Comment by Arminian — December 26, 2011 @ 1:45 pm

On the other hand, the very same Arminian, just one comment later, adds the following:

Perhaps I should add that the argument that God knowing what would happen and creating anyway means he is responsible for what happens does not work against the simple foreknowledge Arminian position. For God’s foreknowledge cannot be wrong. It simply mirrors what will happen. That in no way conflicts with the freedom of the agents. Yet it also means that he cannot decide not to create someone based on knowing what they will do, since his foreknowledge is based on the fact that they will do that and not creating them would make his foreknowledge wrong, and additionally, not creating them would take away the basis of the decision not to create them in the first place.

Comment by Arminian — December 26, 2011 @ 2:16 pm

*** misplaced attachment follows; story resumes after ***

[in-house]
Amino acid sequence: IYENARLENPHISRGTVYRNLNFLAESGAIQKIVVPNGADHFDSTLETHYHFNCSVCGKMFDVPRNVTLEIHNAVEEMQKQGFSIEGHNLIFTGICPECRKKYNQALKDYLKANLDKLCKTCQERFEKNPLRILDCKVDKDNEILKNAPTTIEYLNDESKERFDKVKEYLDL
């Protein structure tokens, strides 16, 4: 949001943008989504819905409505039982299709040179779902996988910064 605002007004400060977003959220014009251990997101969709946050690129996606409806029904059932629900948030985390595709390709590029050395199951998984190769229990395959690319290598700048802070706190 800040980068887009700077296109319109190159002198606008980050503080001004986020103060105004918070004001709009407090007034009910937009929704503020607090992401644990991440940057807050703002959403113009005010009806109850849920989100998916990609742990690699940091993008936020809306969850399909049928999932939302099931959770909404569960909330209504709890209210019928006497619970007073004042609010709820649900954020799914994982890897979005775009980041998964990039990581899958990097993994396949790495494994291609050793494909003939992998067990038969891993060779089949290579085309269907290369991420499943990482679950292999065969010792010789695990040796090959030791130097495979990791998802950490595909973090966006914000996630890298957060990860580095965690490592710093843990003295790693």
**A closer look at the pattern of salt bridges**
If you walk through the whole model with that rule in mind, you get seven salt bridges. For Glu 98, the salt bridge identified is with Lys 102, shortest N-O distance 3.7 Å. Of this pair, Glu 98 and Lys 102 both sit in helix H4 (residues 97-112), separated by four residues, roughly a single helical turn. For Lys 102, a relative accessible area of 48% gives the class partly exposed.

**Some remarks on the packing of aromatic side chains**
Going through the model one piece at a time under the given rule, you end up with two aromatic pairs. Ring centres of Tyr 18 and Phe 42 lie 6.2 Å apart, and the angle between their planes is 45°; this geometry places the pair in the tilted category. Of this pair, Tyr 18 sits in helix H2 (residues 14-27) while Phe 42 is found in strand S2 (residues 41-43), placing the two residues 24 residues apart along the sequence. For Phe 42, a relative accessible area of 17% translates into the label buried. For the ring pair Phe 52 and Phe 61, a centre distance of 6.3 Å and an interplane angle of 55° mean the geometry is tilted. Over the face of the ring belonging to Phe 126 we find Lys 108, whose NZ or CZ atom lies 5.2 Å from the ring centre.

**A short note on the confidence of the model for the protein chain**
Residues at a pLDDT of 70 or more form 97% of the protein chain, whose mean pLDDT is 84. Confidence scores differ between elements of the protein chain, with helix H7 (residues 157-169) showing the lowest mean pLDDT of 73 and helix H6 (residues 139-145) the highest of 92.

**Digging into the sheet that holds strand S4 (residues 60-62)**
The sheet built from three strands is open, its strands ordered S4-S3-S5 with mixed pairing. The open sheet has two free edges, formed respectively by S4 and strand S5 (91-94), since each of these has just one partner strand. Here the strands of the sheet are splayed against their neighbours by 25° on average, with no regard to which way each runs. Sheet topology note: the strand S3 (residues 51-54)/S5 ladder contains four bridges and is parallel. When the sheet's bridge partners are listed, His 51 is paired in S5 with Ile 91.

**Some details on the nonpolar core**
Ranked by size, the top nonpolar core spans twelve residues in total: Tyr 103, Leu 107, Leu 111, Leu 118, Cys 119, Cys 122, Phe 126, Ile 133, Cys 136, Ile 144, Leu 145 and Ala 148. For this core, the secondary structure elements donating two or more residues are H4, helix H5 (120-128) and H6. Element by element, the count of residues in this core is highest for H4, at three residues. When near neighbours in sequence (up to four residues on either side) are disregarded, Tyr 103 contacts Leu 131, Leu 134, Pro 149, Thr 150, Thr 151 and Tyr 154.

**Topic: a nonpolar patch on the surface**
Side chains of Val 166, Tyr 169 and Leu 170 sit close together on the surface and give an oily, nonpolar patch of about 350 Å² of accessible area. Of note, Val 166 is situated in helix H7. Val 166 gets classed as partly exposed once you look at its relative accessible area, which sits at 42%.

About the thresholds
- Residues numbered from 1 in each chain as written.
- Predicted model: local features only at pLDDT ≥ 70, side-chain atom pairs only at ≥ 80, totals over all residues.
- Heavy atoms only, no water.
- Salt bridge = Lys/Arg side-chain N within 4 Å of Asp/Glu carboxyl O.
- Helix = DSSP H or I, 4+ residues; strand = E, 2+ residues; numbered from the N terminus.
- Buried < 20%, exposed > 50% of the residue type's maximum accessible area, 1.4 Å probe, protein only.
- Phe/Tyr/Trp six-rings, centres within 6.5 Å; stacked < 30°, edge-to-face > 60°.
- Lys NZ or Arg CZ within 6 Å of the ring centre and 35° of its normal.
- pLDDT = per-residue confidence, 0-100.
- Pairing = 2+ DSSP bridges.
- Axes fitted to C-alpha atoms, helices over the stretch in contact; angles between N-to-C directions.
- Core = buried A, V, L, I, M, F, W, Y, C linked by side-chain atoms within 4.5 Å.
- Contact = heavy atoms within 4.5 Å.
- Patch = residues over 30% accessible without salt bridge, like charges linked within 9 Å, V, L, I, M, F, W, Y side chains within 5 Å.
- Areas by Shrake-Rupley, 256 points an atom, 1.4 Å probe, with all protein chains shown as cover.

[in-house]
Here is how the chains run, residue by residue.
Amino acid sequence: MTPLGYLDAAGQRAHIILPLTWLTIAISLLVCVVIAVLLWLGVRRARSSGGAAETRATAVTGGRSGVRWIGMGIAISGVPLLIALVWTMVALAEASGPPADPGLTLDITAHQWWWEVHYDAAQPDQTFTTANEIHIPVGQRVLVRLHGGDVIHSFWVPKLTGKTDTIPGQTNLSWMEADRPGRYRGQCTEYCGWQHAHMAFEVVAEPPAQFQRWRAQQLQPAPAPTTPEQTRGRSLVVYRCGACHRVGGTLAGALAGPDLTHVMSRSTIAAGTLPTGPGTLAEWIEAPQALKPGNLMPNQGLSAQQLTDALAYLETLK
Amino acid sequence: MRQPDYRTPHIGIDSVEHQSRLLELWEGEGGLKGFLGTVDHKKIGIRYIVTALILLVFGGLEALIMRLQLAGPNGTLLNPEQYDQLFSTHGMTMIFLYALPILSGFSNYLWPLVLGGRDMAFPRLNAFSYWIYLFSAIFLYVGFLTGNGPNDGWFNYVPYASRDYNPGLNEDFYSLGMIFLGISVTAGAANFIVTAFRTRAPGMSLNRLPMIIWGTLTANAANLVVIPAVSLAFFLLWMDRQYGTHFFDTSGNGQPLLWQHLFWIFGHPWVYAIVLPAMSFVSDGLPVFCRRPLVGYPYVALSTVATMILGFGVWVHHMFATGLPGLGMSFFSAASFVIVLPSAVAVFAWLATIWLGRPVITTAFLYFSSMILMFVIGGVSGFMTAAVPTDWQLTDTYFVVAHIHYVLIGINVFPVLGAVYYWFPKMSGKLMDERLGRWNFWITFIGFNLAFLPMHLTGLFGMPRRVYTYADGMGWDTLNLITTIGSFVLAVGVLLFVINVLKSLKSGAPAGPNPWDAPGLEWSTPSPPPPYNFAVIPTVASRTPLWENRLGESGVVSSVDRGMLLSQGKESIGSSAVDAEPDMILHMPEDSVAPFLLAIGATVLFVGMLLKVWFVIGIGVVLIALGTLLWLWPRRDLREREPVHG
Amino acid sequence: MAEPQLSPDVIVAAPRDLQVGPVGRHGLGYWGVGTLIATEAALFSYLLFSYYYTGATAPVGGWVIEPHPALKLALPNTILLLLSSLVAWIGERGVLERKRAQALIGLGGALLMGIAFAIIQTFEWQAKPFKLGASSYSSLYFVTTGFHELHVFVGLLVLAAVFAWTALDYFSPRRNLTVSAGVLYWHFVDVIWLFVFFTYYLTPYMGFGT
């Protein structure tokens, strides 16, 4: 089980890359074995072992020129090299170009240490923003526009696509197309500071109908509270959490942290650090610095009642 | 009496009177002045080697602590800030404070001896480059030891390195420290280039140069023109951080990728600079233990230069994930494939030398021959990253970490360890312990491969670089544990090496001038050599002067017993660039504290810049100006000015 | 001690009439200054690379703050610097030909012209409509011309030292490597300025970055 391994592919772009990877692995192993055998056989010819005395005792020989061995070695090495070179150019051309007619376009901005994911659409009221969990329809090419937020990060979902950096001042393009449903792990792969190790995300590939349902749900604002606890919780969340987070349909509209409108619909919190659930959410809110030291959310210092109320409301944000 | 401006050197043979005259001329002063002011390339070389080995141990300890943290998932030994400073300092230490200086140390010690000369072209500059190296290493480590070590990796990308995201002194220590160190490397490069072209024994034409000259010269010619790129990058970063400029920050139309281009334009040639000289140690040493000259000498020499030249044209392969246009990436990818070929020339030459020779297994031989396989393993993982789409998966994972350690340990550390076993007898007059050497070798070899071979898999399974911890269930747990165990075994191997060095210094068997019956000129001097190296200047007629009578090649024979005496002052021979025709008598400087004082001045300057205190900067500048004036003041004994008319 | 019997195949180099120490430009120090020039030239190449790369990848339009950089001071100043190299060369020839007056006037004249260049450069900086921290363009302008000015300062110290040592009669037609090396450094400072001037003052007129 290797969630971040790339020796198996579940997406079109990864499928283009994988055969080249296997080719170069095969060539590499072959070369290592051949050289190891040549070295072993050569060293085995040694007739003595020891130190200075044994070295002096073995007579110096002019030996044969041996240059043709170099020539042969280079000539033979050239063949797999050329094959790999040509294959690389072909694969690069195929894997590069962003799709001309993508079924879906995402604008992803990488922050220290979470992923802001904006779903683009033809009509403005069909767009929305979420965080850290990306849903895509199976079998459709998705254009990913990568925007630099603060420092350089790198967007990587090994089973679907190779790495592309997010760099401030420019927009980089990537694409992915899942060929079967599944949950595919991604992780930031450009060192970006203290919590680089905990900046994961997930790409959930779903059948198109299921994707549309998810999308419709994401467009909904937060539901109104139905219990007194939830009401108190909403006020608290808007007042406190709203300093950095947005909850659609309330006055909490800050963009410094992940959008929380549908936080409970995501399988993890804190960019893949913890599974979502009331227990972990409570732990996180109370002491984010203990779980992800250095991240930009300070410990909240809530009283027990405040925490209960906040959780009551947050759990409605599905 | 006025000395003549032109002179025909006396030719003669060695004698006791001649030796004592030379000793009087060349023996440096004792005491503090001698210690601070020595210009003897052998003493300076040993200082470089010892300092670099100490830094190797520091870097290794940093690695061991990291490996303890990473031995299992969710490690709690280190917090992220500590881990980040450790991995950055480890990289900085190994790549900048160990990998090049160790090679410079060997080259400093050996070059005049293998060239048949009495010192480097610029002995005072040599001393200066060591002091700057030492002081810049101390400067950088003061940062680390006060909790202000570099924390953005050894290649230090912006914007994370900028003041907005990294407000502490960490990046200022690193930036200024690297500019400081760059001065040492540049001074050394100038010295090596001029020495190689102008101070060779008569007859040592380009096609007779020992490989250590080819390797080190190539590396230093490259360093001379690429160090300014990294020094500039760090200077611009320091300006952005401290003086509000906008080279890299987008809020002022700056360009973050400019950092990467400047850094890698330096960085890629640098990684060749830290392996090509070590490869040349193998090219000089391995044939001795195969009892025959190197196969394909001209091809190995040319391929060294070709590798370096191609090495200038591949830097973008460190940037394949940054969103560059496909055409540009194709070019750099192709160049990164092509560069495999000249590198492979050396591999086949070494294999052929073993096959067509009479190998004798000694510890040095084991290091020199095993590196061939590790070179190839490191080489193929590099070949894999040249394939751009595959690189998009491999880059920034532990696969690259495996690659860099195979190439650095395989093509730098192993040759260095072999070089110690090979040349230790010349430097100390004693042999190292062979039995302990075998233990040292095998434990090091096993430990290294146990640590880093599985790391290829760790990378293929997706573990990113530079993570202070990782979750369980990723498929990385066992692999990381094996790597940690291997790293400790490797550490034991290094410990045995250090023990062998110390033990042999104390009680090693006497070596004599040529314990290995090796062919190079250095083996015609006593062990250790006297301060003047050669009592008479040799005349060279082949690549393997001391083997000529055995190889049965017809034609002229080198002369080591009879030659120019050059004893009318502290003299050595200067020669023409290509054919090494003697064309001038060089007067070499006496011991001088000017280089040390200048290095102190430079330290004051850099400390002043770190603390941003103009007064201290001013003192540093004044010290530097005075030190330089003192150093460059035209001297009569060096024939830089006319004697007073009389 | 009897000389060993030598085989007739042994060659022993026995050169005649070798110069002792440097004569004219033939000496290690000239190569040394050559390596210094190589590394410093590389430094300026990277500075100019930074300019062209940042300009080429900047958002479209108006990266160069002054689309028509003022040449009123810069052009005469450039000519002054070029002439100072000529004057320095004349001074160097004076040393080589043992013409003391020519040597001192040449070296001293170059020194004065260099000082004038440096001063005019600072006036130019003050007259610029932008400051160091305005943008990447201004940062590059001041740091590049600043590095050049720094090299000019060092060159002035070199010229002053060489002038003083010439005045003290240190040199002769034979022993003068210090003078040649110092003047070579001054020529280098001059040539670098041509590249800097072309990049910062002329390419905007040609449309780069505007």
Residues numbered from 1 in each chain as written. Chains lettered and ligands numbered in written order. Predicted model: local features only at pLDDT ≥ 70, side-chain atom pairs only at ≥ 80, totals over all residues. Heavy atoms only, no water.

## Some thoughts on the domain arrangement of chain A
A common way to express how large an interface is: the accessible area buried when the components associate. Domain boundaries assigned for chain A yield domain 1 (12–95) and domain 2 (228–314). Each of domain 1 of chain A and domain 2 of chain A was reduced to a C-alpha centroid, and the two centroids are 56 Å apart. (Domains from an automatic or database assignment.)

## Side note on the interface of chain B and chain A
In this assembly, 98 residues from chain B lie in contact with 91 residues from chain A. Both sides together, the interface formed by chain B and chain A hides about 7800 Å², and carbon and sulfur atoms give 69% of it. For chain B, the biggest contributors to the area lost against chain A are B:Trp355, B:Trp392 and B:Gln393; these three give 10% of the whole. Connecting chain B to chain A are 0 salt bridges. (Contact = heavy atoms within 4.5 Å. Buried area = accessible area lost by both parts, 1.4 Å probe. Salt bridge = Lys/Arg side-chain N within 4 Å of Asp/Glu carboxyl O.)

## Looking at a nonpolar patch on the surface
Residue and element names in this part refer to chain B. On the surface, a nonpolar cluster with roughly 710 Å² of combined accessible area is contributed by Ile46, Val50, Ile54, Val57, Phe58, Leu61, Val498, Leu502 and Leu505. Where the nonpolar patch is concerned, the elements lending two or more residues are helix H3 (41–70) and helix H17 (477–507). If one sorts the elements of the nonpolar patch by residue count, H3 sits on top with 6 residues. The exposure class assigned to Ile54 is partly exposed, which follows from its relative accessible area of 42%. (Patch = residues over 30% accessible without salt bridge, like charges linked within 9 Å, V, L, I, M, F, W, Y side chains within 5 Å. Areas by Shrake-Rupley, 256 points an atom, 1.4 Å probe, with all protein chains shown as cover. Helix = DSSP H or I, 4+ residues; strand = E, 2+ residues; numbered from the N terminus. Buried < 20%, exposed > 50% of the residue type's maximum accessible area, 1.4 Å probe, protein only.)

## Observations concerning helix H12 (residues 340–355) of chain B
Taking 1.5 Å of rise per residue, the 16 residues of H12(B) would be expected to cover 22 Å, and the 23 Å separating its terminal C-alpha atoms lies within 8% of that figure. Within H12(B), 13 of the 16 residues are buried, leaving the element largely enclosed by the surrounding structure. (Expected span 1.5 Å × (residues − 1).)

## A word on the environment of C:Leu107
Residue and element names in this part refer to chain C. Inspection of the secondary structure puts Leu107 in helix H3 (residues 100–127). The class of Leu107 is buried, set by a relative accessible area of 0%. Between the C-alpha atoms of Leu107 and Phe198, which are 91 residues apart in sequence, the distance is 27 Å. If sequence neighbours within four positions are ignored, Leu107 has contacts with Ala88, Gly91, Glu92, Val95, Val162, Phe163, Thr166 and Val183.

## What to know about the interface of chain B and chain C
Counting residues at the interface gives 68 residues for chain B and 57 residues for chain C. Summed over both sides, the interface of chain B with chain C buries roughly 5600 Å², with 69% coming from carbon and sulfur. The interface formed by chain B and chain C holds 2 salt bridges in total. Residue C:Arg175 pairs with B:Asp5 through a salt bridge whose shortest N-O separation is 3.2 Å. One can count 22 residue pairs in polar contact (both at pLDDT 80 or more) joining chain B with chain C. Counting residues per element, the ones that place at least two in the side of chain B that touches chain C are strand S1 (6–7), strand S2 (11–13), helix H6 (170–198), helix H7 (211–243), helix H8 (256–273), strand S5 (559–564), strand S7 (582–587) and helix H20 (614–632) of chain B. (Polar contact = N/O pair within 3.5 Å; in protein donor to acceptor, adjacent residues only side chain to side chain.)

So God can’t stop anything from happening. All he can do is gaze into his crystal ball and watch the inevitable before it comes to pass.

But how can God permit what he cannot prevent? If the future is unavoidable, if what will be will be, then God isn’t allowing it to happen. You can only let something happen if you’re in a position to block it. At best, the Arminian God can only assume an attitude to Stoic resignation in the face of the inexorable denouement.

Arminians substitute irresistible fate for irresistible grace.

5 boilerplate objections to Calvinism

Scot McKnight has posted five boilerplate objections to Calvinism by Roger Olson:

 Less interesting than the objections are some of the comments:

While these are legitimate problems for Calvinism, Olson’s Arminianism faces the same problems. If an all-powerful, all-knowing God created this particular world knowing the end result from the beginning, it makes no difference whether we speak of that end result as ordained (a causal determinism) or foreknown (an epistemic determinism). Divine infallible foreknowledge is simply determinism with the appearance of softer edges.
Comment by John — December 26, 2011 @ 6:50 am